File:Carle Vernet Mameluck en Attaque.jpg
"Mameluck en Attaque" 18th century painting by Carle Vernet

Meanwhile, the passion brought by the Blunts to saving the pure horse of the desert helped Egyptian horse breeders convince their government of the need to preserve the best of their own remaining pure Arabian bloodstock that descended from the horses collected over the past century by Muhammad Ali Pasha, Abbas Pasha and Ali Pasha Sherif.[126] Therefore, the government of Egypt formed the Royal Agricultural Society (RAS) in 1908.[127] Today, the RAS is known as the Egyptian Agricultural Organization (EAO).[128]

To rebuild some bloodlines that had been lost, RAS representatives traveled to England during the 1920s and purchased eighteen descendants of the original Blunt exports from Lady Wentworth at Crabbet Park and returned these bloodlines to Egypt.[127] Other than several horses purchased by Henry Babson for importation to the United States in the 1930s,[129] and one other small group exported to the USA in 1947, relatively few Egyptian-bred Arabian horses were exported until the overthrow of King Farouk I in 1952.[130] After that, many of the private stud farms of the princes were confiscated and the animals taken over by the EAO.[128] After that, as oil development brought more foreign investors to Egypt, some of whom were horse fanciers, Arabians were exported to Germany and the United States, as well as to the former Soviet Union, then an ally of Egyptian president Gamal Abdel Nasser. Following the death of Nasser in 1970 and the rise of a less Soviet-oriented government, even more Egyptian-bred Arabians were exported.[citation needed] Today, the designation "Straight Egyptian" or "Egyptian Arabian" is popular with some Arabian breeders, and the modern Egyptian-bred Arabian is an outcross used to add refinement in some breeding programs.[131]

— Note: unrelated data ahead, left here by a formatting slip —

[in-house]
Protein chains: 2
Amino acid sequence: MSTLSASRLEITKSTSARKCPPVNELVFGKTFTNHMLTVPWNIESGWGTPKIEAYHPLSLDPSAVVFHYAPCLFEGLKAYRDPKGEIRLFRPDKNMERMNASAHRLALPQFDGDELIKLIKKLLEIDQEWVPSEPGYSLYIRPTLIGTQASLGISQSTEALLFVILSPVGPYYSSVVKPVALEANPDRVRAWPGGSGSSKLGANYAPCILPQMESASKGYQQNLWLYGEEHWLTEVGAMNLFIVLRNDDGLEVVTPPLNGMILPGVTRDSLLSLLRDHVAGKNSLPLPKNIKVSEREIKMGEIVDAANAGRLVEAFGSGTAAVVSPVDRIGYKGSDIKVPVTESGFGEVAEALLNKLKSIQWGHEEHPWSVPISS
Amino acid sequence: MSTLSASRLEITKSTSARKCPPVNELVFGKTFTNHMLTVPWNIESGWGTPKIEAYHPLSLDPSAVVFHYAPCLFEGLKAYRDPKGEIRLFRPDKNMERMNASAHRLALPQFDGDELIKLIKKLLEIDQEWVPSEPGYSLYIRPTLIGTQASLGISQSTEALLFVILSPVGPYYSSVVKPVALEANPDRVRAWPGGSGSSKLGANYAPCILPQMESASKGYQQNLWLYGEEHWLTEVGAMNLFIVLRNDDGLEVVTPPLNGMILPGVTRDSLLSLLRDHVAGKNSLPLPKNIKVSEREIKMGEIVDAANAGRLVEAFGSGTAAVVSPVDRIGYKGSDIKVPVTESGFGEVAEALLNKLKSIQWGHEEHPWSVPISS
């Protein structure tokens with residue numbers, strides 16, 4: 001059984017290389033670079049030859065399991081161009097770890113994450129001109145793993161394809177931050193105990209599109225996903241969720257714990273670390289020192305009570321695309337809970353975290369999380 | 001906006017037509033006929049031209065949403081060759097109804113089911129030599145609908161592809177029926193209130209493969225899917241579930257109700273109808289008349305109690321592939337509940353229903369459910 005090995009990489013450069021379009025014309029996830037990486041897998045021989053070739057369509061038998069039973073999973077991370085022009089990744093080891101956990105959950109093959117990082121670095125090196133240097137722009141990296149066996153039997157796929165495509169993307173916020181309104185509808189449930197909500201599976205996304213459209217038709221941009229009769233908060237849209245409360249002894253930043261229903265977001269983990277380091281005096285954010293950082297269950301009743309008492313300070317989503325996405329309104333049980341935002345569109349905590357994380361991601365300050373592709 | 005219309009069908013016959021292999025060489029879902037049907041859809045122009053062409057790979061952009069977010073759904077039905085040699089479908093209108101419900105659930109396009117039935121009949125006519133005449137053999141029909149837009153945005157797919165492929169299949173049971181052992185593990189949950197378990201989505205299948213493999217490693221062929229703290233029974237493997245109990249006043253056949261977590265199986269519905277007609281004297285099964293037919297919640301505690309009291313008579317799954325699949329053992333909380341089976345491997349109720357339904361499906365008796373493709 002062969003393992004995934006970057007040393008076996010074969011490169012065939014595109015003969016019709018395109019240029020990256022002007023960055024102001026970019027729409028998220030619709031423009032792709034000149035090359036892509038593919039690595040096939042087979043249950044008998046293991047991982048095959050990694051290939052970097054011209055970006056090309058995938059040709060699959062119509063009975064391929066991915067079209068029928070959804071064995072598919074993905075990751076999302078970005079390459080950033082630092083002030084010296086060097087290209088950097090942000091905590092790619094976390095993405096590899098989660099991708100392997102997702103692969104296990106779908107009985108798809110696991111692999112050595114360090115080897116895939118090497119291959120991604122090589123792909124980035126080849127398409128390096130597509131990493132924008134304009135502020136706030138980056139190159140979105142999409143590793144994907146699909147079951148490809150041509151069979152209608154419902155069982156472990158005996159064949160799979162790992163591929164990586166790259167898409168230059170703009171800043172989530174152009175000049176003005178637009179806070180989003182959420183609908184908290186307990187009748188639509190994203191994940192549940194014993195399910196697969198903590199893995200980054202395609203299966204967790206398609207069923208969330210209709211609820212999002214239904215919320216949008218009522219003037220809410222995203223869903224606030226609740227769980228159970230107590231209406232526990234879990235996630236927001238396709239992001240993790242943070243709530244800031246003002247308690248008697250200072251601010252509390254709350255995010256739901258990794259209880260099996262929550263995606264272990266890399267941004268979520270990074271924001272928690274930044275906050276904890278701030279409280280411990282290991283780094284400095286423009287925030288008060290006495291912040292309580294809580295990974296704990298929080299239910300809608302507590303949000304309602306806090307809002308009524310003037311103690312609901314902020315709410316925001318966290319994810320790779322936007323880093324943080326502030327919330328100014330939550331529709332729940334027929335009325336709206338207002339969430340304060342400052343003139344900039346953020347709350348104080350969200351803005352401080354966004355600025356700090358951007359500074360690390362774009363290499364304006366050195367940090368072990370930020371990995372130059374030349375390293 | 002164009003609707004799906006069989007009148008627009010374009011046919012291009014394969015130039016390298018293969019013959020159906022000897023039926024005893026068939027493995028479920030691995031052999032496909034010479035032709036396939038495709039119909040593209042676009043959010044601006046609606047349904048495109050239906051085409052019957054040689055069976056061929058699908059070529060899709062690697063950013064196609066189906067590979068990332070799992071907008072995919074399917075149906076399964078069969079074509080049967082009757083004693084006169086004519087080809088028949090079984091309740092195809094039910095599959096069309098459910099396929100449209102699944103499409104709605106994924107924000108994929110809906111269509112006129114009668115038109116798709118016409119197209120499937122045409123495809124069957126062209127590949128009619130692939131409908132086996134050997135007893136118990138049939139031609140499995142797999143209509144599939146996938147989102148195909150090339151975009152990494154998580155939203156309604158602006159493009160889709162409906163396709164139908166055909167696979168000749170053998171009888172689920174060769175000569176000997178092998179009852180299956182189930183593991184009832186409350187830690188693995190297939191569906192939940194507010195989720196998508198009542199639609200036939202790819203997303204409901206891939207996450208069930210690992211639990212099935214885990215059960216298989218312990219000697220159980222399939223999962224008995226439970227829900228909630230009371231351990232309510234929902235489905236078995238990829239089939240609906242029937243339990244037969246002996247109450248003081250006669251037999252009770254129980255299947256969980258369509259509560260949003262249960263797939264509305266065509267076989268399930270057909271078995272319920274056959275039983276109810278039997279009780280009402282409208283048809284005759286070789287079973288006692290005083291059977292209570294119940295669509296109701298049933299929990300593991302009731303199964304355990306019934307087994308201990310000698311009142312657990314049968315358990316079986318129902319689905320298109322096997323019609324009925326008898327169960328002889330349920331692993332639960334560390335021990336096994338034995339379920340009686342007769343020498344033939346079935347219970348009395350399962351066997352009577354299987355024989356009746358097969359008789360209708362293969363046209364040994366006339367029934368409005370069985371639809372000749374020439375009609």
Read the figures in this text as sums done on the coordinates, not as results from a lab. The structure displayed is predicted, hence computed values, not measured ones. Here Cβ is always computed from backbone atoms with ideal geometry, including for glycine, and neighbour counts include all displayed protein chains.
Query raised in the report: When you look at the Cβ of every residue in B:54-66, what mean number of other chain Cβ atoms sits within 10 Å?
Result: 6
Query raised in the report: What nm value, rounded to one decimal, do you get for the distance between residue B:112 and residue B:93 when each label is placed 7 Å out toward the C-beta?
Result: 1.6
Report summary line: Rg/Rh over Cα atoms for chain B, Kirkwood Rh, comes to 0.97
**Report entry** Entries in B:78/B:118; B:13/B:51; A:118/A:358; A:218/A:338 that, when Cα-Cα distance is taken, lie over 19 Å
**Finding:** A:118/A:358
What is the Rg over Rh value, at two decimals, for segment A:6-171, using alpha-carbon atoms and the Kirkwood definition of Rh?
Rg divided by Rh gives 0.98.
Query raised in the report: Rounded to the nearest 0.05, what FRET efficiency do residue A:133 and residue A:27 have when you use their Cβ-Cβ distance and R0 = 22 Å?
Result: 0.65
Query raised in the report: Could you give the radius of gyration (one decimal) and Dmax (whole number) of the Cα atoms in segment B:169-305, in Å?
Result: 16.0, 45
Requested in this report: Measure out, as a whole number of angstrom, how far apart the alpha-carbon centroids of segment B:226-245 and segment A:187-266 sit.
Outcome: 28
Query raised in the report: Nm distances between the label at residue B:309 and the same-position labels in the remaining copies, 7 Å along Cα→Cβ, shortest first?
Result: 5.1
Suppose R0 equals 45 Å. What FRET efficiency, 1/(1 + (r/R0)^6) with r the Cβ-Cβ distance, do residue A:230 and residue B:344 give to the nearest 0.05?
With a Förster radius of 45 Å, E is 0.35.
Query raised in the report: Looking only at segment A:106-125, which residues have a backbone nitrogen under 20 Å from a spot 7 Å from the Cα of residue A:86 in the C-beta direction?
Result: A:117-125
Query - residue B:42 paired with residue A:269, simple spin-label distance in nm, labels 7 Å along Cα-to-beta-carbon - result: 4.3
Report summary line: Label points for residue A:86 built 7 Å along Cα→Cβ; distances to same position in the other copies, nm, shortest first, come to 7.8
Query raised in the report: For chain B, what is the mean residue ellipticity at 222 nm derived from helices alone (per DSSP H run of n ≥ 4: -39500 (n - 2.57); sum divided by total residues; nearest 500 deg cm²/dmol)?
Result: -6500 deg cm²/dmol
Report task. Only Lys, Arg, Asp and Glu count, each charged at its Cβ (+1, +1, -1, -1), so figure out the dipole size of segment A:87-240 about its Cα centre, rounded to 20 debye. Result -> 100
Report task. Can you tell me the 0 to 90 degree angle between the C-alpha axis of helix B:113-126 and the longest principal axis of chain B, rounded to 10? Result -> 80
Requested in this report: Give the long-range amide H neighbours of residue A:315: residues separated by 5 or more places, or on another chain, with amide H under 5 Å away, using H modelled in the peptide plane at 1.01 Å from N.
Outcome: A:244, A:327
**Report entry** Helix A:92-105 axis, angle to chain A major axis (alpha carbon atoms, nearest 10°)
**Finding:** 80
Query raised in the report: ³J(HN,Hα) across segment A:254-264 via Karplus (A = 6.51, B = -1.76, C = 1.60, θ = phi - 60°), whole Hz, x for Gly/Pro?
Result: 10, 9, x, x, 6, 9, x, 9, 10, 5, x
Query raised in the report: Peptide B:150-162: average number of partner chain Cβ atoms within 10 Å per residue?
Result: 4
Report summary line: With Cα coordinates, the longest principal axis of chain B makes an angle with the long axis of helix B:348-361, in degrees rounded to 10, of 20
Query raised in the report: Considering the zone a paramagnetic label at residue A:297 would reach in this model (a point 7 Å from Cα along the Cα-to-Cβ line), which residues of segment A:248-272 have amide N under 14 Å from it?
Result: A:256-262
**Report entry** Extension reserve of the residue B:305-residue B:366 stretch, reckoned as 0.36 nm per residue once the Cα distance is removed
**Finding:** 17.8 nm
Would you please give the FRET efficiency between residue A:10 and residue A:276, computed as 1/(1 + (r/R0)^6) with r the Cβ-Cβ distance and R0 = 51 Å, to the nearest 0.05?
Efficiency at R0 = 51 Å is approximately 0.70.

Early 20th century